Dr. Phillips is Clinical Assistant Professor and Dr. Bachmann is Professor, Department of Obstetrics and Gynecology, and Professor of Medicine, Interim Chair of Obstetrics/Gynecolgy, Associate Dean for Women's Health and Chief of the OB/GYN Service at Robert Wood Johnson University Hospital, and Rutgers Robert Wood Johnson Medical School, New Brunswick, NJ.

Menopause brings many unwelcome changes to women's skin. While cosmetic firms, plastic surgeons and women themselves are most focused on the changes happening to their faces — wrinkles, laugh lines, and a thinning and drying of the skin — the same thing is happening to genital tissues. The result is for many women just as unpleasant as facial changes.

During and post-menopause, declining estrogen levels may make sex painful and cause other distressing symptoms such as vaginal burning, irritation, and discharge. Collectively, these symptoms affect both the vagina and the vulva. The problem is known to doctors as vulvo-vaginal atrophy (VVA) or simply, vaginal atrophy.

Women, as they age, should not only request treatment for medical conditions, but also ways to prevent unwanted aging changes. For many, this includes addressing ways to keep the vaginal tissue healthy.

Roughly half of healthy women over age 60 experience one or more of these symptoms with up to 52% of those affected reporting these symptoms have a negative impact on their quality of life. An international survey of 4,246 women aged 55-65 found 39% of them experienced symptoms of vaginal atrophy. Two-thirds of the women described these symptoms as moderate to severe and 60% found these symptoms to impair their quality of life.

The problem of vaginal discomfort and painful sex is on the upswing as our aging population expands and women live one-third of their life after menopause. Currently, over two million American women reach menopause annually, which translates to approximately 6,000 women per day. Women, as they age, should not only request treatment for medical conditions, but also ask their doctors how to prevent unwanted aging changes. For many, this includes addressing ways to keep the vulvo-vaginal tissue healthy.

Many Are Affected; Too Few Speak Up

Available studies have shown that only 25% of symptomatic women will seek help for VVA, and a large majority of women (77%) are uncomfortable discussing these "personal" symptoms with their health care providers.

Menopausal women are not the only ones who experience VVA. Women of any age who have low estrogen levels may have symptoms. Disorders such as premature ovarian insufficiency, loss of menses from dieting or excessive exercise, surgical removal of the uterus, or prolonged lactation can contribute to women developing symptoms of vulvo-vaginal atrophy. So can medication side effects from cancer drugs and drugs that treat endometriosis;, for example, a GnRh agonist, aromatase inhibitor or chemotherapy.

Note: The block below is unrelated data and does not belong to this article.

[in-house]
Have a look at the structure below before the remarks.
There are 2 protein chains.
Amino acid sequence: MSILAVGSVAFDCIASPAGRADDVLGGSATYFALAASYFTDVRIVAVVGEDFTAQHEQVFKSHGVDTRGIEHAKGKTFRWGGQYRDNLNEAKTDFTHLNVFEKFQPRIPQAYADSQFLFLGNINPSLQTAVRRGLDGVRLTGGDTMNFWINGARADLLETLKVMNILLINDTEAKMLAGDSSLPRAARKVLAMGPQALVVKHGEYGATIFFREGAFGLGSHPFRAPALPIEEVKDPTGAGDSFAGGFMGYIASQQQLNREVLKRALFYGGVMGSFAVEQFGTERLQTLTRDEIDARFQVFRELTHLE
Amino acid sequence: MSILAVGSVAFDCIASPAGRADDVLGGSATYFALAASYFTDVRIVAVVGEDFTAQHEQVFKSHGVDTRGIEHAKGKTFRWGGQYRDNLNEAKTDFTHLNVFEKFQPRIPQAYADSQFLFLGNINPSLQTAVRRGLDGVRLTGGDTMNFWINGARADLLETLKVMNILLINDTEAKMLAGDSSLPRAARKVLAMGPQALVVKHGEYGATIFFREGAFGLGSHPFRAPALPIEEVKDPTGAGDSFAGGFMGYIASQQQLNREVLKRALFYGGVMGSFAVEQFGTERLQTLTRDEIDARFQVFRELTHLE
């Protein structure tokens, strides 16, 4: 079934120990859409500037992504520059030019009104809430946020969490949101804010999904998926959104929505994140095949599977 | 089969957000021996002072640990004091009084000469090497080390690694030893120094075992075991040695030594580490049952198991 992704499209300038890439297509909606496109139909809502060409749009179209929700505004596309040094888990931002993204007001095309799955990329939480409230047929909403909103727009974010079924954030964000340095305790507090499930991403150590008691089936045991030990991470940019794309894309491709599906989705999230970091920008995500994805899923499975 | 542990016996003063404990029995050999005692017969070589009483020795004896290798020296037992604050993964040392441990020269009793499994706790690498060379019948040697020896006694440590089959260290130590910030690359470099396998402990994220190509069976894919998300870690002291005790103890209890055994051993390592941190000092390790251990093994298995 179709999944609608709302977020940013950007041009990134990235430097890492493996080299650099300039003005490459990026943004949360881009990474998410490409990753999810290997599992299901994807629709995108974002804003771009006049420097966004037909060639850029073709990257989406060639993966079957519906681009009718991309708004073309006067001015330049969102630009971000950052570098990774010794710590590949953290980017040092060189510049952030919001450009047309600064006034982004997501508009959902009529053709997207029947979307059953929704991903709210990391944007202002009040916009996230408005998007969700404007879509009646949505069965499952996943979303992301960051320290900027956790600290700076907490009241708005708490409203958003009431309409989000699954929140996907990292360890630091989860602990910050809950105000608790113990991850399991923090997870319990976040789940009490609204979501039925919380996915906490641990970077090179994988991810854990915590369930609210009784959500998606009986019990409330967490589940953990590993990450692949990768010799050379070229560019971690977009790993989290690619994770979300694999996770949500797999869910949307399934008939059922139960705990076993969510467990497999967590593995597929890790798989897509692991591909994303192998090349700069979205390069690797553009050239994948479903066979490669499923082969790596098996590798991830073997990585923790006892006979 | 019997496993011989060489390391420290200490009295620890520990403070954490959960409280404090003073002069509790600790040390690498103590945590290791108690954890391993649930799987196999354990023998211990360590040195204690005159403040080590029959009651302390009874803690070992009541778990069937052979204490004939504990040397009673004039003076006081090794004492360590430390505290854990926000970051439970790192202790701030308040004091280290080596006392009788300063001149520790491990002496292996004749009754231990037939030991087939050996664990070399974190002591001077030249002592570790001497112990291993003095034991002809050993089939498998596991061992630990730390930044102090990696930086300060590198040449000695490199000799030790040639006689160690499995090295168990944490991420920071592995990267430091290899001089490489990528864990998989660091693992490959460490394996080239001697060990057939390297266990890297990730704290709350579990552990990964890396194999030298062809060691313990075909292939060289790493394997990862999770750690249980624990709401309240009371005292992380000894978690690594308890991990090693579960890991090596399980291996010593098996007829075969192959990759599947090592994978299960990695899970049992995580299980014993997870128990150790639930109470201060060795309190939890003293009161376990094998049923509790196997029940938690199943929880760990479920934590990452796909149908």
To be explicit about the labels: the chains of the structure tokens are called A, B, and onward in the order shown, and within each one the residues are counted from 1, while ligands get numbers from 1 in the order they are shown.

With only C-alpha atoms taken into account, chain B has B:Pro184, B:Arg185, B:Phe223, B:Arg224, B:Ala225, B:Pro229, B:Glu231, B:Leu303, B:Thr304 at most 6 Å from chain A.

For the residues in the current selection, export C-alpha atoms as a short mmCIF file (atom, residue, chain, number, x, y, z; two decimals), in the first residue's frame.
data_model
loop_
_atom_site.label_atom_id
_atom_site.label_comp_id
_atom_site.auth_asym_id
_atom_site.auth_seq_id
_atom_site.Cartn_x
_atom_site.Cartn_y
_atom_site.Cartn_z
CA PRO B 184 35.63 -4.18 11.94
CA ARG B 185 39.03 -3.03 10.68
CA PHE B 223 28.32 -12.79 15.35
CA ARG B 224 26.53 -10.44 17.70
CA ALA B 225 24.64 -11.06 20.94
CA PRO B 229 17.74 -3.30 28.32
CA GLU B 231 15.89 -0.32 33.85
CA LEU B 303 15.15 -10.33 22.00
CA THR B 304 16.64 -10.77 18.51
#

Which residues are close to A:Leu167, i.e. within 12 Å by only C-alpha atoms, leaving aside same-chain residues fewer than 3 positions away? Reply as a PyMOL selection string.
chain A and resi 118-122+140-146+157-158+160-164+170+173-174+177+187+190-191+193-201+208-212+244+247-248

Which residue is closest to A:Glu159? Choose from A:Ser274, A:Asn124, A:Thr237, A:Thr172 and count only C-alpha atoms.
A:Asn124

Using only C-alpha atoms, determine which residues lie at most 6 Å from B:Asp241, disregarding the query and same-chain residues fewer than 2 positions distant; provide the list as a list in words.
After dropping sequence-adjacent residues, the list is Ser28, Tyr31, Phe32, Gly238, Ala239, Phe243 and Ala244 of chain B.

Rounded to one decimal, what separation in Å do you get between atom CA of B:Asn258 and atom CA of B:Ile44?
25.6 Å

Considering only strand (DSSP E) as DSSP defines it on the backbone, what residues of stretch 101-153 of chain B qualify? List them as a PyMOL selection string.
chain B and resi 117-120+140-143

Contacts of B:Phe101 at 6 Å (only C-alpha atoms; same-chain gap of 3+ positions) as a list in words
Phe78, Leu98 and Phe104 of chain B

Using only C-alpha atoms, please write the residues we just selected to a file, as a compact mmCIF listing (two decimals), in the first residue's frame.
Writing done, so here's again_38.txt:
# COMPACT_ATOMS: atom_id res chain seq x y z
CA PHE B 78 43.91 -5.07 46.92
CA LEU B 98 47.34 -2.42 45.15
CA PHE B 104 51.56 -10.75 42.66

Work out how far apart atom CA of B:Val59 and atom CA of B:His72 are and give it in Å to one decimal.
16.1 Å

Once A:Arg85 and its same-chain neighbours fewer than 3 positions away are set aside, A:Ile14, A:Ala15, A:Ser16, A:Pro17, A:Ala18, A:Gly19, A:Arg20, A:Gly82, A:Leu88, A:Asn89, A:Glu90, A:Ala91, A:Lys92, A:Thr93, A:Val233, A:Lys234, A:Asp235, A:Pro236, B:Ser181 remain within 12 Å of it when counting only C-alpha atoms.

Doctors can do more to bring the subject up during exams, asking patients directly about painful sex and sexual satisfaction. Women can improve the quality of their lives and sexual well being by being willing to discuss their symptoms with their doctors.

Physiological Changes Behind VVA

Before menopause the tissues — skin — of the vagina and vestibule are much like those covering our bodies. The cells form a strong, elastic, covering. Estrogen helps maintain these vaginal tissues. And the low vaginal pH (2.8 to 4) provides a good acidic environment for normal vaginal flora to thrive, which protect from many vaginal infections.

This environment changes with menopause. Estrogen levels significantly decline, and this plunge in estrogen levels often affects sensitive vaginal and vulvar tissues. The declining estrogen leads to lower vaginal acidity, allowing lactobacilli to colonize the vagina and other microbes to thrive there. Eventually, this much changed vaginal environment results in the unpleasant symptoms of VVA.

Pain during sex is one of the main reasons women seek help for VVA.

The normal level of estrogen improves blood flow to the gentials. If you have less estrogen and therefore less blood flow, your vagina will have fewer secretions, as well as delayed and reduced lubrication with sexual stimulation. The collagen content of the connective tissue also decreases, resulting in decreased elasticity.

The tissues of the vagina, clitoris and labia may thin and become more delicate. In some women, especially those who are not sexually active, the vaginal canal and its entrance may become more narrow.

As women age, these symptoms may become more bothersome. This means that as she ages, a menopausal woman who has had no discomfort or other symptoms may develop troublesome symptoms later.


Ideally, peri- and post-menopausal women should be routinely screened for VVA. The condition is diagnosed based on a woman's history and a physical exam. A blood test is not required.

Your health care provider may initiate a conversation about VVA, since women are often reluctant to do so, but don't wait. You are the authority and treatment can really make a difference.

The typical sorts of symptoms women report include vaginal dryness, burning or itching, and abnormal vaginal discharge. Urinary problems can also occur, such as urinary frequency, urgency or painful urination.